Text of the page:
Today, Florida Governor Rick Scott attended a ceremonial bill signing with Senate President Joe Negron. Both leaders were joined by representatives of the Everglades Foundation, the Sierra Club, and Florida Oceanographic Society to celebrate Senate Bill 10, which gives Florida environmentalists what they admit is a “momentous victory.” But a number of extremist activists are already vowing to continue the “war” on Florida farmers and agriculture interests.Senate Bill 10 is widely celebrated as a carefully-crafted solution designed to alleviate water storage problems that have led to algae bloom in coastal estuaries east and west of Lake Okeechobee. In passing the law, the legislature sought to balance a range of concerns, not only from residents in coastal areas affected by the blooms, but residents of inland farming communities such as Belle Glade and Clewiston, both in the Everglades Agricultural Area who would be negatively impacted by any loss of farmland to create more water storage south of the lake.
An earlier version of SB10 proposed spending up to $2 billion to purchase 60,000 acres of farmland that could have put many families out of the farm business forever. A compromise was ultimately struck that delivered what environmentalists wanted, without taking farmland.
“Ultimately, U.S. Sugar supported this dramatically improved legislation because it takes essentially no privately-owned farmland out of production, removed the threat of eminent domain for the EAA Reservoir and would build on land already in government ownership. Governor Scott and the Florida Legislature recognize the importance of protecting our water resources while also protecting our farming communities and vital local food production,” said Judy Sanchez, U.S. Sugar’s Senior Director of Corporate Communications and Public Affairs. “We appreciate Governor Scott’s strong support for rural communities south of Lake Okeechobee by advocating for $200 million in funding for expediting repairs to the Herbert Hoover Dike. This structure is absolutely critical to protecting all of South Florida—not just the farming communities—from a catastrophic flooding event.”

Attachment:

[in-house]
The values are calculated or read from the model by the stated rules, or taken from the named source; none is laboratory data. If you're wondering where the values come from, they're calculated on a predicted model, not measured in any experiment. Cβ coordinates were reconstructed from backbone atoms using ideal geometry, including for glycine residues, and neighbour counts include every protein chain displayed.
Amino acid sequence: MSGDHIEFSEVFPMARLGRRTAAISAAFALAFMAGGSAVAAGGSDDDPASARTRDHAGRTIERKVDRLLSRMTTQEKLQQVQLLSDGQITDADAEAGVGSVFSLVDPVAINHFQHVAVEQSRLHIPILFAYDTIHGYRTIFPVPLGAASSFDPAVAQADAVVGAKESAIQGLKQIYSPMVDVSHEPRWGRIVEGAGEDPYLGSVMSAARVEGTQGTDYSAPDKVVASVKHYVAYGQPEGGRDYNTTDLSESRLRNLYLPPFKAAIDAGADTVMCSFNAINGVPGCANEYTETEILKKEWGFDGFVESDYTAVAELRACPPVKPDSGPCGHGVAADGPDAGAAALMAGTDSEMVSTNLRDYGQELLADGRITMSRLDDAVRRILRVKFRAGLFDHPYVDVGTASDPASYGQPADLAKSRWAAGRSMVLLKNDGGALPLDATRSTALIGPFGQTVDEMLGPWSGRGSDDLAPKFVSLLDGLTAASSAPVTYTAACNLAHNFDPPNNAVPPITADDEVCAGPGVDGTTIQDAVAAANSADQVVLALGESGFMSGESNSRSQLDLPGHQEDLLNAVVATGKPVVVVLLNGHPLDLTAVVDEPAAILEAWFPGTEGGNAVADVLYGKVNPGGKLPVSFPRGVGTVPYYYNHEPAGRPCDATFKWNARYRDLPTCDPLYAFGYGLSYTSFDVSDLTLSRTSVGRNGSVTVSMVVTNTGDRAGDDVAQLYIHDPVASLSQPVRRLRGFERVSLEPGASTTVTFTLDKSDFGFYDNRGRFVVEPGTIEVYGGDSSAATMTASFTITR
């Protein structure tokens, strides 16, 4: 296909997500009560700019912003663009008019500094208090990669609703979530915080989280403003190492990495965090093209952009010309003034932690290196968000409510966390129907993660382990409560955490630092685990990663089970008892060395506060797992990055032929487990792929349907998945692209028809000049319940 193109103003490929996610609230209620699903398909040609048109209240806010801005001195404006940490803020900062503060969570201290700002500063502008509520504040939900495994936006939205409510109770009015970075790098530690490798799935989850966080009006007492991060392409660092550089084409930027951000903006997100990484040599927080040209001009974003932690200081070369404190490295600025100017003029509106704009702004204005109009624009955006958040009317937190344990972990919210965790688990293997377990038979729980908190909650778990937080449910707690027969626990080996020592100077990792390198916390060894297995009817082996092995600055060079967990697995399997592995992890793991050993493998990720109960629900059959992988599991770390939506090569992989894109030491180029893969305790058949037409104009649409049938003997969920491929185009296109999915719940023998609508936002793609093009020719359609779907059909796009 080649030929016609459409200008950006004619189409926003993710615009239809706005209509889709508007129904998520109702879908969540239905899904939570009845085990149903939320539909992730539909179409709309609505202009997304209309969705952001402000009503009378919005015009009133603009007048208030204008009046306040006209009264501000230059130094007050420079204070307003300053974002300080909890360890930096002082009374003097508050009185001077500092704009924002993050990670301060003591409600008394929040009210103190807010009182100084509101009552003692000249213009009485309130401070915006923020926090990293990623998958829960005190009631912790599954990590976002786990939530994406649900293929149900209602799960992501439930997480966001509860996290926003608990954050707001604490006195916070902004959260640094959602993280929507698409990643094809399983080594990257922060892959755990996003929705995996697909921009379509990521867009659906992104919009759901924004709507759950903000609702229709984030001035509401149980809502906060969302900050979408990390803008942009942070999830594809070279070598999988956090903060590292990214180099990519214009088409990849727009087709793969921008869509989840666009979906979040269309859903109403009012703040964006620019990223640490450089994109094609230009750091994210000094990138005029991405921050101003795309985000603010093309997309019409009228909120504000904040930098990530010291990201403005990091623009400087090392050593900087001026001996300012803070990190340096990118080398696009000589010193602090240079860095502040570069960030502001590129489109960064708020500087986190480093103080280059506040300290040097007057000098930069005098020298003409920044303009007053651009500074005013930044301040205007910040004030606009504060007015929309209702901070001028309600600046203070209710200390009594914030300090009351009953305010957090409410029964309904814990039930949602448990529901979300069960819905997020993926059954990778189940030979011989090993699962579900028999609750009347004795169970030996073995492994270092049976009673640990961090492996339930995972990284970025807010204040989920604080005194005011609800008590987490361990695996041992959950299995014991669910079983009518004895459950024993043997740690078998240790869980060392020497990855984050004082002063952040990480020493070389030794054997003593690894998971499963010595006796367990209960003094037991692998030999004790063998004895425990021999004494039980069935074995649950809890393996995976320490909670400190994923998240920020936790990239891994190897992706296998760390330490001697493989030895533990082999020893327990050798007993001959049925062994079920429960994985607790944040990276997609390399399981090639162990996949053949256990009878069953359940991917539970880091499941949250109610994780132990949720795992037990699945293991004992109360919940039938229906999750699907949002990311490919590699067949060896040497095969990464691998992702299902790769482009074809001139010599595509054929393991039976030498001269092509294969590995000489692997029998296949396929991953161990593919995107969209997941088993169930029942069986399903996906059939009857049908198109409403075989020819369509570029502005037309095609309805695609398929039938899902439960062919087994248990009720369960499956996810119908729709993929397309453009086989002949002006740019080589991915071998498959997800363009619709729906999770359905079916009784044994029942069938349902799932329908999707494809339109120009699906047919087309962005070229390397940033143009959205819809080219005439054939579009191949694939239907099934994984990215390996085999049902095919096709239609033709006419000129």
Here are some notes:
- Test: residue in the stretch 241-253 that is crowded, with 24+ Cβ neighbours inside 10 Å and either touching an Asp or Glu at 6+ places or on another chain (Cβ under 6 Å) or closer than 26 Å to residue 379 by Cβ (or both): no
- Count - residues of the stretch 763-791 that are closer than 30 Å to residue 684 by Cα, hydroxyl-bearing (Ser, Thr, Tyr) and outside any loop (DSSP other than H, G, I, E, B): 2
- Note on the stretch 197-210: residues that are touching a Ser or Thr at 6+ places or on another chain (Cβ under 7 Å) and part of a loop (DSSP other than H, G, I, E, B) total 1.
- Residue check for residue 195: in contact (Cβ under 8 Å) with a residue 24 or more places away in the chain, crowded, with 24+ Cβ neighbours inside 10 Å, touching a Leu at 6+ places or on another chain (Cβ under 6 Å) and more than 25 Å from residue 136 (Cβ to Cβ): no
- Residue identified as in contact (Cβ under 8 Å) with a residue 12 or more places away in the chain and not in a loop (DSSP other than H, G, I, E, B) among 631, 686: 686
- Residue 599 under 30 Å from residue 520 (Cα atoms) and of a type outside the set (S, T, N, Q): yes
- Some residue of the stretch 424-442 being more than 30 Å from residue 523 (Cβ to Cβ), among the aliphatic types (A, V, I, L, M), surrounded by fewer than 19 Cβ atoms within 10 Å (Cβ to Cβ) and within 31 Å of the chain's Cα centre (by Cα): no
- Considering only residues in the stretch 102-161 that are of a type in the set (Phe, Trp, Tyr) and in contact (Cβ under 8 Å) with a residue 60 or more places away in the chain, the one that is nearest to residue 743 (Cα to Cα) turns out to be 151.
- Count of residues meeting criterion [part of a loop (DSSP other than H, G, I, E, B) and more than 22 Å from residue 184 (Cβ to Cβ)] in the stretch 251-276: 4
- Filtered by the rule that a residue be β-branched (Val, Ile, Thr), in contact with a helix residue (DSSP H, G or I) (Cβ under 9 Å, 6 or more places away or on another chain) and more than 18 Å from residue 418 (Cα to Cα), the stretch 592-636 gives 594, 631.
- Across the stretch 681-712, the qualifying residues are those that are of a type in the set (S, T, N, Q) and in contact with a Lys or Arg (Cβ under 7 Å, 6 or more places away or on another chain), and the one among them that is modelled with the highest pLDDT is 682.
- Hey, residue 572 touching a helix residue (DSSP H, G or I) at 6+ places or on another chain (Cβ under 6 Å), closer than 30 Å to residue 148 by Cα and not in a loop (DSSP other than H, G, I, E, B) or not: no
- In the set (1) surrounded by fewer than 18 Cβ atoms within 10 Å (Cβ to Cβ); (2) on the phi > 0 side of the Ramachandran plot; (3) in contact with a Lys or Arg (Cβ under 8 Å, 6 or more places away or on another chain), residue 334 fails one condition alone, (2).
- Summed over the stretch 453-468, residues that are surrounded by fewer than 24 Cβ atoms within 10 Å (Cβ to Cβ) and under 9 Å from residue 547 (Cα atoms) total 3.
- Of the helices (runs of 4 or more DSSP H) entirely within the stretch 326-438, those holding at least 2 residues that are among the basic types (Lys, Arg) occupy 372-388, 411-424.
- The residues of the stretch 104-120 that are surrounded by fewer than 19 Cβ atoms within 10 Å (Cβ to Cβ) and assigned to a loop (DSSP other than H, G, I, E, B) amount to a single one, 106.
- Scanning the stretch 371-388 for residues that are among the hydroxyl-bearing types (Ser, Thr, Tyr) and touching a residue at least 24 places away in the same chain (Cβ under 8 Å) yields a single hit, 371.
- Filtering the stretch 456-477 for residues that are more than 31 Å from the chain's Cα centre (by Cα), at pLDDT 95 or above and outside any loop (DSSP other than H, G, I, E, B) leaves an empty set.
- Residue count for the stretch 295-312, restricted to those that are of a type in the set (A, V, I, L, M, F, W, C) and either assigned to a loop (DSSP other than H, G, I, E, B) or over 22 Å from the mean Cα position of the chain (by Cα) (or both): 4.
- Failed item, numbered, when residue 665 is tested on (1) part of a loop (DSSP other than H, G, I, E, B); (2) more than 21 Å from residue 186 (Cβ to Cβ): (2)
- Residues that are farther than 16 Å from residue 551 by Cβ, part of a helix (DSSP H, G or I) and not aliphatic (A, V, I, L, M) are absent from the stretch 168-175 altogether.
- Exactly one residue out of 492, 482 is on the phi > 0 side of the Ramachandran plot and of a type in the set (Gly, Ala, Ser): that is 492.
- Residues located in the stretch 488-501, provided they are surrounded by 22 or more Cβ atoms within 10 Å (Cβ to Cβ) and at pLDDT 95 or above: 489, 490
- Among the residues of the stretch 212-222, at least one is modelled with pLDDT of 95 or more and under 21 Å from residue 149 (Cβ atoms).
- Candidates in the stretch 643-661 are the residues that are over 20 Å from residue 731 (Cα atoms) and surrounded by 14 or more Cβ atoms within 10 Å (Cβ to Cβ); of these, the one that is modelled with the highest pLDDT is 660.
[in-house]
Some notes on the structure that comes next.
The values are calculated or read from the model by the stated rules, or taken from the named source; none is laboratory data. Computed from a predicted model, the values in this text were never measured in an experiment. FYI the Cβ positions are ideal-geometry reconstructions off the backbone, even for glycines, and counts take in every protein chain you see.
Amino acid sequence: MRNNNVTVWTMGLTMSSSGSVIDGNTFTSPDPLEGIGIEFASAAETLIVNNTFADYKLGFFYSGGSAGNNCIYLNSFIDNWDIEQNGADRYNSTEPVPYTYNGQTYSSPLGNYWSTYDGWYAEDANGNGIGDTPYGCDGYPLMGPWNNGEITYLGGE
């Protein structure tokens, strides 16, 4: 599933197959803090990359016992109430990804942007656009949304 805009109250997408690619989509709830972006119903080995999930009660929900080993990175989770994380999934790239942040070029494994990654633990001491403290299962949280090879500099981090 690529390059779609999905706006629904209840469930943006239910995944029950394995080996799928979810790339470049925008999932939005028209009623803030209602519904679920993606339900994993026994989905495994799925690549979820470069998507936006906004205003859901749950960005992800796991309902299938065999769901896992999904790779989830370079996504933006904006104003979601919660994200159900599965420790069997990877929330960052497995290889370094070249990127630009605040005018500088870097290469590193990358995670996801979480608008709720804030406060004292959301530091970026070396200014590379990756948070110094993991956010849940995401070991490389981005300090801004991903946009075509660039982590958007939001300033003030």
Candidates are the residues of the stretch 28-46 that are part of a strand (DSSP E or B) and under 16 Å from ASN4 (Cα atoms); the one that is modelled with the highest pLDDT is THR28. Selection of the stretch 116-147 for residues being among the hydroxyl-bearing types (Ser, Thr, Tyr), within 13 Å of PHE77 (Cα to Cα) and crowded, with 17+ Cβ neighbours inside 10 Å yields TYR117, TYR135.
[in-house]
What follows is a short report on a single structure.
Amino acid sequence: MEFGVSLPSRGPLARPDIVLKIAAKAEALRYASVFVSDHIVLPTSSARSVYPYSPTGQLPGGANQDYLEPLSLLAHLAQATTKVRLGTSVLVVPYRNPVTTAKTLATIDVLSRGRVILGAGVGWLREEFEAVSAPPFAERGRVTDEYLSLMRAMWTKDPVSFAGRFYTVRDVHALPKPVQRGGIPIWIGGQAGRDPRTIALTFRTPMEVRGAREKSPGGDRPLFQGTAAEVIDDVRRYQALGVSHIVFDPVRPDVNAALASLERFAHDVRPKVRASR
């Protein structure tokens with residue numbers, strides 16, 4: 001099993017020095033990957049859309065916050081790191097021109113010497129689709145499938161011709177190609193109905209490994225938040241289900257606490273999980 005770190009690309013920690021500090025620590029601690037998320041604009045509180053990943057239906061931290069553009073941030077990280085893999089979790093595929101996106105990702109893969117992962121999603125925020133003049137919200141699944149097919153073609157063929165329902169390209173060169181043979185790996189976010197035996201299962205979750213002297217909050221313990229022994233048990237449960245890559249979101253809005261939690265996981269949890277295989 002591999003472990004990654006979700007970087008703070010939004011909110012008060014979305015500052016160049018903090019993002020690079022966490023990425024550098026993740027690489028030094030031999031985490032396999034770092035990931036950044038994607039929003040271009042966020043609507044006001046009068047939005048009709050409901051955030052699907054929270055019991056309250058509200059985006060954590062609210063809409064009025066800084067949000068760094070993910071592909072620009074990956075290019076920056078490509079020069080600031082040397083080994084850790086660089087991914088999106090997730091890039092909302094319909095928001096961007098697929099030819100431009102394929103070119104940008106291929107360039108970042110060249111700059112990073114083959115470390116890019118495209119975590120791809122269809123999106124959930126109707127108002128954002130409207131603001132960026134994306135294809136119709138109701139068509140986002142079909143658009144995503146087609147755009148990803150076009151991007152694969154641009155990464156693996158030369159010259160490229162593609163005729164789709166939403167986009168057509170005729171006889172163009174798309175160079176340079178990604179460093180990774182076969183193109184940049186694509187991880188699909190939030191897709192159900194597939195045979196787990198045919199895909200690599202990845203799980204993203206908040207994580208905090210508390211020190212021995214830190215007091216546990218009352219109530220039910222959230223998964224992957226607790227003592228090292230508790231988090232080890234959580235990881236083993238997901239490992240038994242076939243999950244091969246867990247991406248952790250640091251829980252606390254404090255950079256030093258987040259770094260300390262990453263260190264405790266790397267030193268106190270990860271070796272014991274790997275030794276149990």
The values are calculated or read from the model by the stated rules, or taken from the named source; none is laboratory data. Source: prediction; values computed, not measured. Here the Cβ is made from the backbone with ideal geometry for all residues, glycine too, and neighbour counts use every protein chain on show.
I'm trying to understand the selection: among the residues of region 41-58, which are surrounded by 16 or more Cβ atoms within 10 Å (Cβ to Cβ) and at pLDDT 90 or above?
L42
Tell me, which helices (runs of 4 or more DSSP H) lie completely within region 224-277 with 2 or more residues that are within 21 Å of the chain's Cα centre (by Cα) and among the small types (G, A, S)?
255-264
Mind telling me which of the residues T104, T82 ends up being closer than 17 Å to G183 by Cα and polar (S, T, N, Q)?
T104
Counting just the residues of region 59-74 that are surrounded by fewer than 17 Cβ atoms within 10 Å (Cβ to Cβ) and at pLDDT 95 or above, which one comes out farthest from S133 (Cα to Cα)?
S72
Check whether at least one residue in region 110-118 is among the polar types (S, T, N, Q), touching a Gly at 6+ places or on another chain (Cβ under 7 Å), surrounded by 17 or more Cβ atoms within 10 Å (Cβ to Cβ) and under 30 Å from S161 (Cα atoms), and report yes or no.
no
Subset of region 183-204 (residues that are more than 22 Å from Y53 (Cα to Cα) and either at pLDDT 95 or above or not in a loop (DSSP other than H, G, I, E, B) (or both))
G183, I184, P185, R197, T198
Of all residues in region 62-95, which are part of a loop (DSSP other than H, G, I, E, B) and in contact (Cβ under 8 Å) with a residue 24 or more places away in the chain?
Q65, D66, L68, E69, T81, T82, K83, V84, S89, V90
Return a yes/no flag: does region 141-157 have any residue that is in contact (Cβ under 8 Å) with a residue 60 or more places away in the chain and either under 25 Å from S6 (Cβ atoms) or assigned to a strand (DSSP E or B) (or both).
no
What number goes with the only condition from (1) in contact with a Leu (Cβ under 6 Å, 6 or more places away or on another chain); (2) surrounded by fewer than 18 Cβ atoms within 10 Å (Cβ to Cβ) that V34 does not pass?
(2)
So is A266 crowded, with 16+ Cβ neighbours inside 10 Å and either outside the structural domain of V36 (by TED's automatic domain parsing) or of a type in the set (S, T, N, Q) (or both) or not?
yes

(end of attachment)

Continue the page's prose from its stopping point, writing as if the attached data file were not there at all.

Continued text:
But even though the final version of the bill still delivers on what environmental activists all said would provide the relief they seek – a massive water storage reservoir of up to 360,000 acre feet of water, located south of the lake – extreme activist groups like BullSugar.org and Friends of the Everglades were noticably absent from today’s signing ceremony. And they are already admitting they aren’t satisfied with a “momentous victory.” The activists want more. BullSugar recently sent an email to its supporters vowing to continue the fight:
Together we achieved a momentous victory, and we all should be proud and happy. We won a battle, though, not the war.
And Friends of the Everglades pulled no punches during a recent interview with the Miami New Times, revealing their true aim, to put farmers out of business in South Florida:
“Eminent domain — allowing the state to purchase land from unwilling sellers — is a tested, tried, and important policy option for government.”
There you have it. Compromise isn’t part of the vocabulary for elitist, extremist, environmentalist organizations. To protect their waterfront homes, they will continue to pursue the destruction of South Florida’s agriculture communities with religious fervor. Peaceful coexistence isn’t an option.